From princes to regents to milkmaids, Dutch artists in the time of Rembrandt and Vermeer portrayed levels of society from highest to lowest in brilliant color and detail.
Organized by the MFA, this groundbreaking exhibition proposes a new approach to understanding 17th-century Dutch painting. Through 75 carefully selected, beautifully preserved portraits, genre scenes, landscapes and seascapes borrowed from European and American public and private collections—including masterpieces never before seen in the United States—the show reflects, for the first time, the ways in which paintings represent the various socioeconomic groups of the new Dutch Republic, from the Princes of Orange to the most indigent of citizens.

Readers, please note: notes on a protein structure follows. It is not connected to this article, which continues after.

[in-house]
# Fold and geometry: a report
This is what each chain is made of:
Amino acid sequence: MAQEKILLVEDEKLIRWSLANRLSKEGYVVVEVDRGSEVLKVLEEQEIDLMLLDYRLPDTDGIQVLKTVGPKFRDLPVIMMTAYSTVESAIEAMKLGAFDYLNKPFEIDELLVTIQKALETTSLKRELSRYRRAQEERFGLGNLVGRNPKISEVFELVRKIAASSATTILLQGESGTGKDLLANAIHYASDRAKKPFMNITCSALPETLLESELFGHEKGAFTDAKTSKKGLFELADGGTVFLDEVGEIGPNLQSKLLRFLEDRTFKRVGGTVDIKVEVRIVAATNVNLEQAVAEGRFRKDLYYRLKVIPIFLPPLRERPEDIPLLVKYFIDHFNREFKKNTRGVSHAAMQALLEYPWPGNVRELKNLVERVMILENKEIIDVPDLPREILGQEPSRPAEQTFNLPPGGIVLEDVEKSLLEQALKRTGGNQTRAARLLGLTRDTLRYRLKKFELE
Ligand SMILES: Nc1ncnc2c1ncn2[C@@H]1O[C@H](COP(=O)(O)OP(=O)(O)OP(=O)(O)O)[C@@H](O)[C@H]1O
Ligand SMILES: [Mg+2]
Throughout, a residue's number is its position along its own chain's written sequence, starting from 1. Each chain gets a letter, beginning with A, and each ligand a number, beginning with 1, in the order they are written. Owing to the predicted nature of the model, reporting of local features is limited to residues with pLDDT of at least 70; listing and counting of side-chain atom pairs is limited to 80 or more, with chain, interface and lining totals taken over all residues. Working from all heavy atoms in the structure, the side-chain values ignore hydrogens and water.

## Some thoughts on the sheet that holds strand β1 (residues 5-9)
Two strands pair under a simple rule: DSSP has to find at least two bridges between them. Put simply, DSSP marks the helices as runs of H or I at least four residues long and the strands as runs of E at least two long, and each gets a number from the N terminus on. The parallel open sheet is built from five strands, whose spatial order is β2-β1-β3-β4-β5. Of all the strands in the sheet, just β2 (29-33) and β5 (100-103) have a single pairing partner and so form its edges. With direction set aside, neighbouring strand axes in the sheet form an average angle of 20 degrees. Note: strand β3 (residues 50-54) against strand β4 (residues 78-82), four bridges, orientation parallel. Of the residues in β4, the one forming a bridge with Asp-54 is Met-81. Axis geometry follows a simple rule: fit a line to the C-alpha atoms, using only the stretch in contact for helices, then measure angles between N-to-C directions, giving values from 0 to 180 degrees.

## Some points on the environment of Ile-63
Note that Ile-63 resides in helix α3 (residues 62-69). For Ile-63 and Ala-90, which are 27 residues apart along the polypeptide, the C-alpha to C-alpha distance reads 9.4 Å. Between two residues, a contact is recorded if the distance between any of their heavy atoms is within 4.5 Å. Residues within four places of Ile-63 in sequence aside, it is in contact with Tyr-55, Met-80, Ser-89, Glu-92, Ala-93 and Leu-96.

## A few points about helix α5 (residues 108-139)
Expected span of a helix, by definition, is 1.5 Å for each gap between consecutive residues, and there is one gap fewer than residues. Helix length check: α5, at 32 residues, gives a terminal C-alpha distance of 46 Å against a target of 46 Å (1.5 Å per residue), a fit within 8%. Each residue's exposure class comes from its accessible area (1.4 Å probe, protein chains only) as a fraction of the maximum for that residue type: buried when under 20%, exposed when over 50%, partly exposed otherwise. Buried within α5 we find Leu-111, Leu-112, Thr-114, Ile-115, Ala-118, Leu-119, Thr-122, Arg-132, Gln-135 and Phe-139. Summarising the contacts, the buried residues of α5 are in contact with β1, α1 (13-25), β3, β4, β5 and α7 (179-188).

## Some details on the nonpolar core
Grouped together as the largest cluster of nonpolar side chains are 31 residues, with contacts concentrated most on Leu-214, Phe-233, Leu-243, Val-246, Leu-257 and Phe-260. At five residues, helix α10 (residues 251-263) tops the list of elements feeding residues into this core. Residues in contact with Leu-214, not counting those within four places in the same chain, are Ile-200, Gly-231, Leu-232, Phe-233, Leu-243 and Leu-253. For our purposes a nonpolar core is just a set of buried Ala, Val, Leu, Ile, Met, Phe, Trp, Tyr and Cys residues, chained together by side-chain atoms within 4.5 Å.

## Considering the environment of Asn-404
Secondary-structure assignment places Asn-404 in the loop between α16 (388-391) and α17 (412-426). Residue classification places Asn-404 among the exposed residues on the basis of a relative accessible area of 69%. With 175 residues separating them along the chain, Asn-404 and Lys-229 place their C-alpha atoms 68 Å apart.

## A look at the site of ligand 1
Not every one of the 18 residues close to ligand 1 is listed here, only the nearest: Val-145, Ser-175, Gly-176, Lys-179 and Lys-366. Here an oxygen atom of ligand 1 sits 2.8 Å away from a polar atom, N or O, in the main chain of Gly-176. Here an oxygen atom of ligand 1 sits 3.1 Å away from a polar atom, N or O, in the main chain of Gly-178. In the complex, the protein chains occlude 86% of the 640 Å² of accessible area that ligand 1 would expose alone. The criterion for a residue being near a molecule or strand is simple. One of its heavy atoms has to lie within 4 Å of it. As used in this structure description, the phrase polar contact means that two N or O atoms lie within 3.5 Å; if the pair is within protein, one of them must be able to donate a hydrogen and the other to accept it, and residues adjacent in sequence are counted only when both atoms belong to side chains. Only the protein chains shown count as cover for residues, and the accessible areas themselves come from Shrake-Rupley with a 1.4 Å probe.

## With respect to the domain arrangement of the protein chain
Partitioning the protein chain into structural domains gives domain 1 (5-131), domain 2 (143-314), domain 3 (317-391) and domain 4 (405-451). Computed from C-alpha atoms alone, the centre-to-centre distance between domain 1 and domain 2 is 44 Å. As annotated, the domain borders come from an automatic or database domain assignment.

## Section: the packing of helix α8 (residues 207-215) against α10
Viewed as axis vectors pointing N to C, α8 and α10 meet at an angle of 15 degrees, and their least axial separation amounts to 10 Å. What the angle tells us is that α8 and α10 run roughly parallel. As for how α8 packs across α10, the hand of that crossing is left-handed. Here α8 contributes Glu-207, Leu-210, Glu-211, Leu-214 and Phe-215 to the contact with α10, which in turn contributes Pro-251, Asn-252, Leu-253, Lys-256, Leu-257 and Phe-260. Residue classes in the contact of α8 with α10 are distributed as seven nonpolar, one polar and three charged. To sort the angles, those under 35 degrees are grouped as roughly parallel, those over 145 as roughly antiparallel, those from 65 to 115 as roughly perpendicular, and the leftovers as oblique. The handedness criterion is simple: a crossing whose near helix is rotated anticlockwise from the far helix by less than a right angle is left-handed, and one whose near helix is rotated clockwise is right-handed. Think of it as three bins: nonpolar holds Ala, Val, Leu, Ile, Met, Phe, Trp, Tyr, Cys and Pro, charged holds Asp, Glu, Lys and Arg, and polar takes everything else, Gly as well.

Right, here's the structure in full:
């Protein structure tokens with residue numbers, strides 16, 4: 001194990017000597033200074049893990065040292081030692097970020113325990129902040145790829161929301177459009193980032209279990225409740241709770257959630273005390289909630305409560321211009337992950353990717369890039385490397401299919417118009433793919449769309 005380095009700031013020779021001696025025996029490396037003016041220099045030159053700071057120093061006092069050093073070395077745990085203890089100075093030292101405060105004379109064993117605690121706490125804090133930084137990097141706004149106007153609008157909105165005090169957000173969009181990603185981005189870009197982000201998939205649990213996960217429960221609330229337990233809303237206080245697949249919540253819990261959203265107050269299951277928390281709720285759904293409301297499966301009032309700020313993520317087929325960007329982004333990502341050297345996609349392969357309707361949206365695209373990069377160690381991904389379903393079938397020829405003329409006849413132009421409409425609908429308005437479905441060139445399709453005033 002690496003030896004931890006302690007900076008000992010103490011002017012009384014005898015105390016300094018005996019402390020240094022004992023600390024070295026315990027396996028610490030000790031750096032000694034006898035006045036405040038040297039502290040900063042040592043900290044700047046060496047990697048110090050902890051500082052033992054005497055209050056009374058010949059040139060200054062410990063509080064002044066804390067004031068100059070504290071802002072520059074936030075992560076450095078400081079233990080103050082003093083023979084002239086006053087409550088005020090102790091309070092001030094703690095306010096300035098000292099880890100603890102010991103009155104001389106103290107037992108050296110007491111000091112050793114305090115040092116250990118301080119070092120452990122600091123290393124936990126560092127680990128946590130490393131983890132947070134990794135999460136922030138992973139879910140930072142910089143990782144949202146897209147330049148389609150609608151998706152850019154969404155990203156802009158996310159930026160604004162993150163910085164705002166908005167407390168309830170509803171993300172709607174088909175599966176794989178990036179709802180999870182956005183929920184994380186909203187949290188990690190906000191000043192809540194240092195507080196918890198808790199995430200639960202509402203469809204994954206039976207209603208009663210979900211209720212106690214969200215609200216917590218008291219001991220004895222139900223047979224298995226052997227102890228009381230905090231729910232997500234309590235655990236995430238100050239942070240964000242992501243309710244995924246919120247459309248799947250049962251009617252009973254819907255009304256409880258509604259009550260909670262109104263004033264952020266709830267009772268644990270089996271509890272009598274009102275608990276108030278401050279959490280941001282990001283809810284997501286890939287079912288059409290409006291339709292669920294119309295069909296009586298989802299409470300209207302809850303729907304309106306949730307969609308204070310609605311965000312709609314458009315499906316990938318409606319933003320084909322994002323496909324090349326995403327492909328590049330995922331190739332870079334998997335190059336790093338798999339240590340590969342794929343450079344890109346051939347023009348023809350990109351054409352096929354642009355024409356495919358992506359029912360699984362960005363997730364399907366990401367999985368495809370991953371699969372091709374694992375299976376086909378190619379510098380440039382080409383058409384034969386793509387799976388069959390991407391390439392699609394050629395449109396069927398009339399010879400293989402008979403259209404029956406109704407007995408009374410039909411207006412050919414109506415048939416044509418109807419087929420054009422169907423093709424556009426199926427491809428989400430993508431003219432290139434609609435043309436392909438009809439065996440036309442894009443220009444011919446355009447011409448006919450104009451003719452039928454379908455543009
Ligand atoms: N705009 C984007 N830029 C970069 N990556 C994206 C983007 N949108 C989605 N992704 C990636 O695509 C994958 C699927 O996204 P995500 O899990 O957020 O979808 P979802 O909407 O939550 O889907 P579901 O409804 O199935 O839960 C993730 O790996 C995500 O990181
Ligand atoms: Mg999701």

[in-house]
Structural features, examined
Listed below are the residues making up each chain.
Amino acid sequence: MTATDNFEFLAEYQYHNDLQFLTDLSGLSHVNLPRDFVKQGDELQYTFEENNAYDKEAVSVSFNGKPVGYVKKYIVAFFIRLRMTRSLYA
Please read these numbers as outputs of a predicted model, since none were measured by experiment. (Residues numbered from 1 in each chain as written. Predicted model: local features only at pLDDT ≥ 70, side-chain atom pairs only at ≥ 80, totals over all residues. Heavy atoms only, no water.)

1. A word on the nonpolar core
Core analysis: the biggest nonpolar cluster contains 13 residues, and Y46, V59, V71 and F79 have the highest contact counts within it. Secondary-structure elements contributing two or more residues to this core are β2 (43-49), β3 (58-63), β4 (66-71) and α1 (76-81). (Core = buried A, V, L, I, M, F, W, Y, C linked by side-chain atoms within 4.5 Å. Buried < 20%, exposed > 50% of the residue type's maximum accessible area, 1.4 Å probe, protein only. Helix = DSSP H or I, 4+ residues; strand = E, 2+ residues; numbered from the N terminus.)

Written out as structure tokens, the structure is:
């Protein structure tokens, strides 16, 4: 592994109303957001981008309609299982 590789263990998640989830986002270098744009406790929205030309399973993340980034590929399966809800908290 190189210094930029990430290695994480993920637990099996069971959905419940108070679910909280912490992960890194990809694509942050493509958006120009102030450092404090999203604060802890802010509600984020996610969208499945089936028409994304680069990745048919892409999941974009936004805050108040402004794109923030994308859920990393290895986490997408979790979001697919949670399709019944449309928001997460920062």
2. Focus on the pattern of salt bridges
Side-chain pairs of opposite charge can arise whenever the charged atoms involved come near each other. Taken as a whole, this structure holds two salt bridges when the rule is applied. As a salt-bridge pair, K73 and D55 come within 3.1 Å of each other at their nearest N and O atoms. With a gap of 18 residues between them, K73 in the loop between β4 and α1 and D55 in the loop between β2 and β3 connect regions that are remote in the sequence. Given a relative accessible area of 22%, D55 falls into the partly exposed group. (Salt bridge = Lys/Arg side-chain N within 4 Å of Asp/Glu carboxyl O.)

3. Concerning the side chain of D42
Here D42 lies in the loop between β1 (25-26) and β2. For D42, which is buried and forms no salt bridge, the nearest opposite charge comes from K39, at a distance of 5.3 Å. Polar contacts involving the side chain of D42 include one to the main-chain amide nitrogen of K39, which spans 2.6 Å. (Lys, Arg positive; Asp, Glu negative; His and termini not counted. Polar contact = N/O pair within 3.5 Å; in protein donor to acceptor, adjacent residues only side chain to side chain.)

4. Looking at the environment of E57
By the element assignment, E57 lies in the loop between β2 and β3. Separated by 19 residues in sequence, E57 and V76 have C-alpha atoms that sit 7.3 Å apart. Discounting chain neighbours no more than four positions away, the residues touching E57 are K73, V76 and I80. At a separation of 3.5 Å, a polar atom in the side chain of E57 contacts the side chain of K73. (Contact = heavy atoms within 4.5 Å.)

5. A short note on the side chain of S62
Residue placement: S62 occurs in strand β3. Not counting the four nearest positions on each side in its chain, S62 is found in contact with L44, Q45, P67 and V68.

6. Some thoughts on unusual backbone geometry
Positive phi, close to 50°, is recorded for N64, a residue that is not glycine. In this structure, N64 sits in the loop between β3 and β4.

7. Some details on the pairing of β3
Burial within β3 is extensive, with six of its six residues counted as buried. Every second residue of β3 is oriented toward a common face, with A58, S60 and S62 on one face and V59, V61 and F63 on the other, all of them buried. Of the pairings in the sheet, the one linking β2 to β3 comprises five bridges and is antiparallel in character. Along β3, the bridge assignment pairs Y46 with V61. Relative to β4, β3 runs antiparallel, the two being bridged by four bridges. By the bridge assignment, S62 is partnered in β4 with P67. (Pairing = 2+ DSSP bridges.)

Class distinctions had meaning and were expressed in the type of work depicted (or the lack thereof), costumes, a figure’s comportment and behavior, and his physical environment. Arranged according to 17th-century ideas about social stratification, paintings by artists such as Rembrandt, Vermeer, Jan Steen, Pieter de Hooch, Gerard ter Borch and Gabriel Metsu, are divided broadly into three classes—upper, middle and lower—and within them, into sub-groups. Princes, regents and milkmaids are among the figures in the thematic groupings, reflecting the social order of the new Dutch Republic. Viewers are encouraged to look closely at the images for clues that differentiate a mistress from a maid, or distinguish a noble from a social-climbing merchant.